Albert Pujols/Photo courtesy of Los Angeles Angels
– David DeJesus got off to a rough start in his first game, striking out three times while going 0-for-4. Normally, DeJesus will platoon with Shane Victorino in left field, but DeJesus was in center for this one because Mike Trout missed his second consecutive game with a sore wrist. David Murphy, one of the other new Angels, went 1-for-4 while playing left field. At least he didn’t strike out.
– The Astros re-took sole possession of first place in the AL West with this victory. The Angels, who recently led by two games, have gone 1-5 after a 20-game span in which they went 17-3.
– Albert Pujols hit his 30th home run, becoming the sixth player to hit at least 30 home runs in 13 seasons, the first to do it in his first 15 campaigns.
– Trout missed his second consecutive game with a sore left wrist. Manager Mike Scioscia told the Associated Press before the game that Trout is getting better, but that he wanted to “err on the side of caution.”
– Not a terrific performance by starting pitcher Garrett Richards. Not horrible, though. He allowed four runs on seven hits in 6 1/3 innings. What’s interesting is that he struck out just three even though he is throwing hard. It’s been a season-long curiosity. Richards struck out 164 in 168 2/3 innings before his season ended with a serious knee injury in August. He averaged 8.8 strikeouts per nine innings. He has just 91 strikeouts in 122 2/3 innings this season, a 6.7 average.
Matt Shoemaker/Photo courtesy of Los Angeles Angels
– Big outing for Matt Shoemaker in this one. Shoemaker, who has struggled this season to find the rhythm that helped him go 16-4 in 2014, pitched six innings of two-hit ball. He struck out 10 and walked three on 88 pitches to move to 5-7 on the season. Even so, his ERA dropped only to 4.55. It was 3.04 a season ago.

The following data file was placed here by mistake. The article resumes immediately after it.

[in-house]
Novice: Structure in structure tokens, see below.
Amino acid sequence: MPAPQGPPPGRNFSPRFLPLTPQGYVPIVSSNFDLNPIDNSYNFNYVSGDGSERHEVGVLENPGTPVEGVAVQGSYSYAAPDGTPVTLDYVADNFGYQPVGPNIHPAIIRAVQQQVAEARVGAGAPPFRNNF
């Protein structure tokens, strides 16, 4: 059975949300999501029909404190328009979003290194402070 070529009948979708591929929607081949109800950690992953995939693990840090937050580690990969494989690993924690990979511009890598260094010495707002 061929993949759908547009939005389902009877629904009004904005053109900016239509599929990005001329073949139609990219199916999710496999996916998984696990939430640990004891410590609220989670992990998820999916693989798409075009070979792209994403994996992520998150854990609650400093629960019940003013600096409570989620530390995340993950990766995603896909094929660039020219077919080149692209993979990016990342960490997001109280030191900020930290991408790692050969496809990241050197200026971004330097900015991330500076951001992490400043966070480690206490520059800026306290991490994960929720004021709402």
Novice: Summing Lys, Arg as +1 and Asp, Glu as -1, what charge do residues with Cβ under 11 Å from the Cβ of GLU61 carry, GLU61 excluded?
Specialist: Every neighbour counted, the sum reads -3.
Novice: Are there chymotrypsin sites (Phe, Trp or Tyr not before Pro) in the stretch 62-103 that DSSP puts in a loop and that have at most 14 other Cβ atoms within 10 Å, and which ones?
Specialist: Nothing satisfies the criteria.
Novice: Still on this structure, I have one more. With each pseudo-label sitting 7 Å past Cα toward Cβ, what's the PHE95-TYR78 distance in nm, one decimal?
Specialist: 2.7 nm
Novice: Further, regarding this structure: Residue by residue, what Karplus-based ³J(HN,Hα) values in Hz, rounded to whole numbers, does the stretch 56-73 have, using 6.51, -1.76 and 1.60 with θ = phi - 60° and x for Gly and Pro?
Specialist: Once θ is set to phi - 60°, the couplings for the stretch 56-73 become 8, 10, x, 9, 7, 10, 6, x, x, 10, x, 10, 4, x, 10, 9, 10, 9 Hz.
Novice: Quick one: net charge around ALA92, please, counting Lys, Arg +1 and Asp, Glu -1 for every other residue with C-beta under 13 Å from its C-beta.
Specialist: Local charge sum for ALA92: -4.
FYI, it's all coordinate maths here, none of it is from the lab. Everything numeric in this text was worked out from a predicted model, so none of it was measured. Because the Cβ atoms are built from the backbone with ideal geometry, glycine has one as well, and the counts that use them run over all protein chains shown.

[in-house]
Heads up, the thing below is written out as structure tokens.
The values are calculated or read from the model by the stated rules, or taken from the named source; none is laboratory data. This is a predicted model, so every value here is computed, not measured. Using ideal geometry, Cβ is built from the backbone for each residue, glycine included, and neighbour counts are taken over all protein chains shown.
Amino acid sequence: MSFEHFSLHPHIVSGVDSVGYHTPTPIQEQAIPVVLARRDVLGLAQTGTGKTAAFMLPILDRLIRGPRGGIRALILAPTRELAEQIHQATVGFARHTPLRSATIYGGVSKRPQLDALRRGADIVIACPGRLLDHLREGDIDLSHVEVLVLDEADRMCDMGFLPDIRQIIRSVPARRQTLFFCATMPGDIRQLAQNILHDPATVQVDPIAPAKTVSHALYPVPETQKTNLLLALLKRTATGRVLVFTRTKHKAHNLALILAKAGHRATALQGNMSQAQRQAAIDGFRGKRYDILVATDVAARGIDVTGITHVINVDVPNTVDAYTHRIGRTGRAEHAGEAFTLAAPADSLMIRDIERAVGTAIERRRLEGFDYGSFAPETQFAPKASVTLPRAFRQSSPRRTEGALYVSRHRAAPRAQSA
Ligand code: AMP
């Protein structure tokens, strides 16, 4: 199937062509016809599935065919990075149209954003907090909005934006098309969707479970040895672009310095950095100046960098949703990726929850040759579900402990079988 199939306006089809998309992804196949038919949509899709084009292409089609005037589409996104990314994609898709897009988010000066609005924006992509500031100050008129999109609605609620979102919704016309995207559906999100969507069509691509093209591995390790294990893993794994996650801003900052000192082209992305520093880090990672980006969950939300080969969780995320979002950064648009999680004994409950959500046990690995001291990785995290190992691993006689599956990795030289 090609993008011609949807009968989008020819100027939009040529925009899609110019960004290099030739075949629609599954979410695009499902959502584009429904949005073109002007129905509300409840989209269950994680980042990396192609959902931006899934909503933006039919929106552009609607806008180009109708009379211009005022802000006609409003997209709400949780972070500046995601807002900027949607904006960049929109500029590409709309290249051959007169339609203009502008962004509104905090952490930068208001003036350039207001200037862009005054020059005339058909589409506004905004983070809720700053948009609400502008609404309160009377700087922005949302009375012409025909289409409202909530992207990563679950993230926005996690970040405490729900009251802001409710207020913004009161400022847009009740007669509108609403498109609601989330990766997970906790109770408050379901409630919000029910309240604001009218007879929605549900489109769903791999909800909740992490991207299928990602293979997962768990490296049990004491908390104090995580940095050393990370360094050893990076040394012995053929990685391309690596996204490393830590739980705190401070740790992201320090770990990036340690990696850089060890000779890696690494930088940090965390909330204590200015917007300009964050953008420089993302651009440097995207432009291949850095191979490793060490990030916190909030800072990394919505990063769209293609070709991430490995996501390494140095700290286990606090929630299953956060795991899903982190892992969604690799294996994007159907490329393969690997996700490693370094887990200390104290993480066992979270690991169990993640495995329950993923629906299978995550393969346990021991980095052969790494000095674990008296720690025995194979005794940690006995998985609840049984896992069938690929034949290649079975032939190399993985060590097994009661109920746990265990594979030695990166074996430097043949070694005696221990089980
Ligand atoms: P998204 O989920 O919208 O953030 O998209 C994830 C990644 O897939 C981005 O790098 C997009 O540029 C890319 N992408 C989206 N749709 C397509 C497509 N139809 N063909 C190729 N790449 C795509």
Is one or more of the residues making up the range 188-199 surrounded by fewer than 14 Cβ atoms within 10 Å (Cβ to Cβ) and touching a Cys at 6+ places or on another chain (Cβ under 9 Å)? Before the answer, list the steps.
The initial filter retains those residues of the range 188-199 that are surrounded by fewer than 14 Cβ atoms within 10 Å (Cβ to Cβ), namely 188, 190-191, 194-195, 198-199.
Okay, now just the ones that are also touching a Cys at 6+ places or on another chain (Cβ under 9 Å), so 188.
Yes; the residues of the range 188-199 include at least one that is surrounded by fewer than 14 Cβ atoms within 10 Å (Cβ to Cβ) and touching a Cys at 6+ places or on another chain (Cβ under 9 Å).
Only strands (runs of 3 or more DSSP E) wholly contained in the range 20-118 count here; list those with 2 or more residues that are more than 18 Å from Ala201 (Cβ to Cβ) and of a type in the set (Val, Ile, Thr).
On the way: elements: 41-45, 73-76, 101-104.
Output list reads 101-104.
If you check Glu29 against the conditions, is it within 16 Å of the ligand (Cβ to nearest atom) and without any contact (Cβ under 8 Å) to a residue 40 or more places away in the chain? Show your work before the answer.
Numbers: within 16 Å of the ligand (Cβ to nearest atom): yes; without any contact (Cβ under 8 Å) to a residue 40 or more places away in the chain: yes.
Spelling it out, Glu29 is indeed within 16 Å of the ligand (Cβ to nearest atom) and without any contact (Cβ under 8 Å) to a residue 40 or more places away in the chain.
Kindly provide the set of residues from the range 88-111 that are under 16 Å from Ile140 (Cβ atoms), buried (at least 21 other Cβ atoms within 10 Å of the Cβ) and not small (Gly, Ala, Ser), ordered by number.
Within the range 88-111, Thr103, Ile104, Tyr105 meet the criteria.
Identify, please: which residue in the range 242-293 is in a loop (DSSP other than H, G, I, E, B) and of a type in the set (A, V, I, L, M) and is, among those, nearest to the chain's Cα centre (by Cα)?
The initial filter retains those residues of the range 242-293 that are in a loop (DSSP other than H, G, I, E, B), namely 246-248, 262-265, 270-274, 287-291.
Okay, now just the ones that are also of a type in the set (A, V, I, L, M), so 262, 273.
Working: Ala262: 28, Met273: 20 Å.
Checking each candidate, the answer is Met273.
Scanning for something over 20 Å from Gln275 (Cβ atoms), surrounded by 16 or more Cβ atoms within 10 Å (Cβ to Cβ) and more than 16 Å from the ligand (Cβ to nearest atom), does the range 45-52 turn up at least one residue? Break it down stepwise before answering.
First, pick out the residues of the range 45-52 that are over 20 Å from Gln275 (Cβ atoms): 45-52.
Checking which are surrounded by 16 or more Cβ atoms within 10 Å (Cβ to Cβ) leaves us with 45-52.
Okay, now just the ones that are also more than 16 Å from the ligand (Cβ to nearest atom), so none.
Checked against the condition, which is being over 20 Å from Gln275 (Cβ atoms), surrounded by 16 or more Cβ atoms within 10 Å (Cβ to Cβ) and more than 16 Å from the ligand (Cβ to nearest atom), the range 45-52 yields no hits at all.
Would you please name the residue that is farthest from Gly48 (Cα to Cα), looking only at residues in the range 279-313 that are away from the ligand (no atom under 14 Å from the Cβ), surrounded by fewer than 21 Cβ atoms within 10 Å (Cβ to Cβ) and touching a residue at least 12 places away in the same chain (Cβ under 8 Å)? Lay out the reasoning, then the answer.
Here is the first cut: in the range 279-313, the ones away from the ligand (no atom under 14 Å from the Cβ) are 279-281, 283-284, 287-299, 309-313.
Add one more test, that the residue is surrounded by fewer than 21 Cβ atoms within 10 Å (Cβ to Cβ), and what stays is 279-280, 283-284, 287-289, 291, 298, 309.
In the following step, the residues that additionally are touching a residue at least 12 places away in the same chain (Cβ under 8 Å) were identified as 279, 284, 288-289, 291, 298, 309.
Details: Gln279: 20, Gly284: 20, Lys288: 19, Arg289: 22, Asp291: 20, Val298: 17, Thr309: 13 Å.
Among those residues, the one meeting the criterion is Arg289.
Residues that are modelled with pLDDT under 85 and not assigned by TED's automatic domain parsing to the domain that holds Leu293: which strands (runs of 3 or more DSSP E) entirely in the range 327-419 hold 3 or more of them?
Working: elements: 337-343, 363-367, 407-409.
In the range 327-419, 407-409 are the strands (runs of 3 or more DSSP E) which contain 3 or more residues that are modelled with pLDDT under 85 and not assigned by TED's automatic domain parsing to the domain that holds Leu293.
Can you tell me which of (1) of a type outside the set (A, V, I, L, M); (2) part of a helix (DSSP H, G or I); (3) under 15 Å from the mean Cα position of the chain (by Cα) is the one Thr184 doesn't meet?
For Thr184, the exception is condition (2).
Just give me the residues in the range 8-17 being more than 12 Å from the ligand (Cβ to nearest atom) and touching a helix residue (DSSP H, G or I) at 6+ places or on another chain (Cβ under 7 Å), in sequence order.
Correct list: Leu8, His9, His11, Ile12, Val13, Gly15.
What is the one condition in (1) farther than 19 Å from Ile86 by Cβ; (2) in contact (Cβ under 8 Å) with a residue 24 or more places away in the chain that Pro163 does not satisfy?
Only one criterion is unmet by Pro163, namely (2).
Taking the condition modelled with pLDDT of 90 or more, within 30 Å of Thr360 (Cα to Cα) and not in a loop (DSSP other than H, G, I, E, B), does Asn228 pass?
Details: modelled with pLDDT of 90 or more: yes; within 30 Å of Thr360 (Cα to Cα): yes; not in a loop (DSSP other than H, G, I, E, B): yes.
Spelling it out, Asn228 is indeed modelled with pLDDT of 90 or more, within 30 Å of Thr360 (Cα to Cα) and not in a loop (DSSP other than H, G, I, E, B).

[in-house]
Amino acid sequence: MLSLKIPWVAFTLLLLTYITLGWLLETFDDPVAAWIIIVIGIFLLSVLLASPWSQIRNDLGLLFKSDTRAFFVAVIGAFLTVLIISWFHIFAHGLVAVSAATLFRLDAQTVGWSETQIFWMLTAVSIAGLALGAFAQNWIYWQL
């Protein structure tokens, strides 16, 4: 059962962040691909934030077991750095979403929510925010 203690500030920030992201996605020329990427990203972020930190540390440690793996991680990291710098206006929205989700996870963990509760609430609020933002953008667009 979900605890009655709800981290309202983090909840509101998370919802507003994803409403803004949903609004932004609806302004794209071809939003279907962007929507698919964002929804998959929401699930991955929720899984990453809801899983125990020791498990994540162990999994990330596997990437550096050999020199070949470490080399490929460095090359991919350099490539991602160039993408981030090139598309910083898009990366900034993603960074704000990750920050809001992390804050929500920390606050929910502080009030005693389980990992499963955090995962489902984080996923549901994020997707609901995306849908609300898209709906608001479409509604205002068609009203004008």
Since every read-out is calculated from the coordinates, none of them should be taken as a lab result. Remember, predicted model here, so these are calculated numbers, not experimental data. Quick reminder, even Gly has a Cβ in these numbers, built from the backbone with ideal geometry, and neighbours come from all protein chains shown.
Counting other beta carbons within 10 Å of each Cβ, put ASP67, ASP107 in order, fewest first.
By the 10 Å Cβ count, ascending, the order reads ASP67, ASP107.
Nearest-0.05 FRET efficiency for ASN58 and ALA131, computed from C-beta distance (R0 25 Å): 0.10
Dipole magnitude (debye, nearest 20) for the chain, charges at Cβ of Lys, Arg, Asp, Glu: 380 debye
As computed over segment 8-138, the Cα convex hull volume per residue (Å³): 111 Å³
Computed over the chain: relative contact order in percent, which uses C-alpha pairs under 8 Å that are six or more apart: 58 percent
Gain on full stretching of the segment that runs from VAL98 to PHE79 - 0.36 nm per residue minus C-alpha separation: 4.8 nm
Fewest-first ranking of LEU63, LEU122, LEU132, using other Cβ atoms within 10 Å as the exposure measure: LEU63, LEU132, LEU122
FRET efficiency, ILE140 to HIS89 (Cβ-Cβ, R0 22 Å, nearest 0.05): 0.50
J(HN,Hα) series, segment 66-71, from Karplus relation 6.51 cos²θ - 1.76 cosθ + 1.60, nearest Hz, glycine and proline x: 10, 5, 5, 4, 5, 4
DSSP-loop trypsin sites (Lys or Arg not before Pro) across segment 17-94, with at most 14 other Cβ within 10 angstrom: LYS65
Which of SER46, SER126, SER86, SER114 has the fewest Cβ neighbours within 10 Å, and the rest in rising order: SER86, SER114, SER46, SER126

– Chris Iannetta continued his recent surge at the plate by going 2-for-3 with a three-run home run and four RBIs. He is 9-for-32 over his past 10 games, which equates to a .281 average. That’s not spectacular, but it did raise his average from .181 to .199.
– C.J. Cron went 4-for-4 to raise his average to .278. That is quite impressive since it was just .204 upon being recalled from Triple-A Salt Lake City in late June. Cron is hitting .488 (21-for-43) this month.
– Daniel Robertson has continued to make the most of his opportunity. Typically, he’s been platooning with Matt Joyce in left field. But with Mike Trout taking the day off with a sore left heel, Robertson was in center for this one. He had two more hits and raised his average to .271.
– Speaking of Trout, he told reporters that he woke up Tuesday morning and his heel was sore. He said he didn’t remember doing anything specific to cause it. He is day-to-day.
C.J. Wilson/Photo courtesy of Los Angeles Angels
C.J. Wilson has had an up-and-down season for the Angels. Friday’s performance against the Boston Red Sox was one of his best starts of the campaign.
He tossed eight innings and gave up five hits and no runs while striking out four and walking three in the Angels’ 1-0 victory that came to an end when Mike Trout hit a game-winning home run with two outs in the bottom of the ninth inning.
Wilson didn’t get the victory, but he received plenty of praise from manager Mike Scioscia.
“There are some guys in there in that lineup that will let you know if you’re missing spots and he just got some big outs,” Scioscia said. “I thought he used all his pitches. Didn’t bring his curveball into the game until maybe a little bit later. But had good fastball command, good changeup, cutter, used the slider well.”
Mike Trout/Photo courtesy of Los Angeles Angels
Mike Trout on Tuesday night was named Most Valuable Player of the All-Star game for the second consecutive season, becoming the first player to accomplish that.
Trout went 1-for-3 with a home run, a walk and two runs scored to help the American League to a 6-3 victory over the National League.
Trout became the first player in 38 years to lead off the All-Star game with a home run when he smacked one over the right-field fence off Dodgers right-hander Zack Greinke.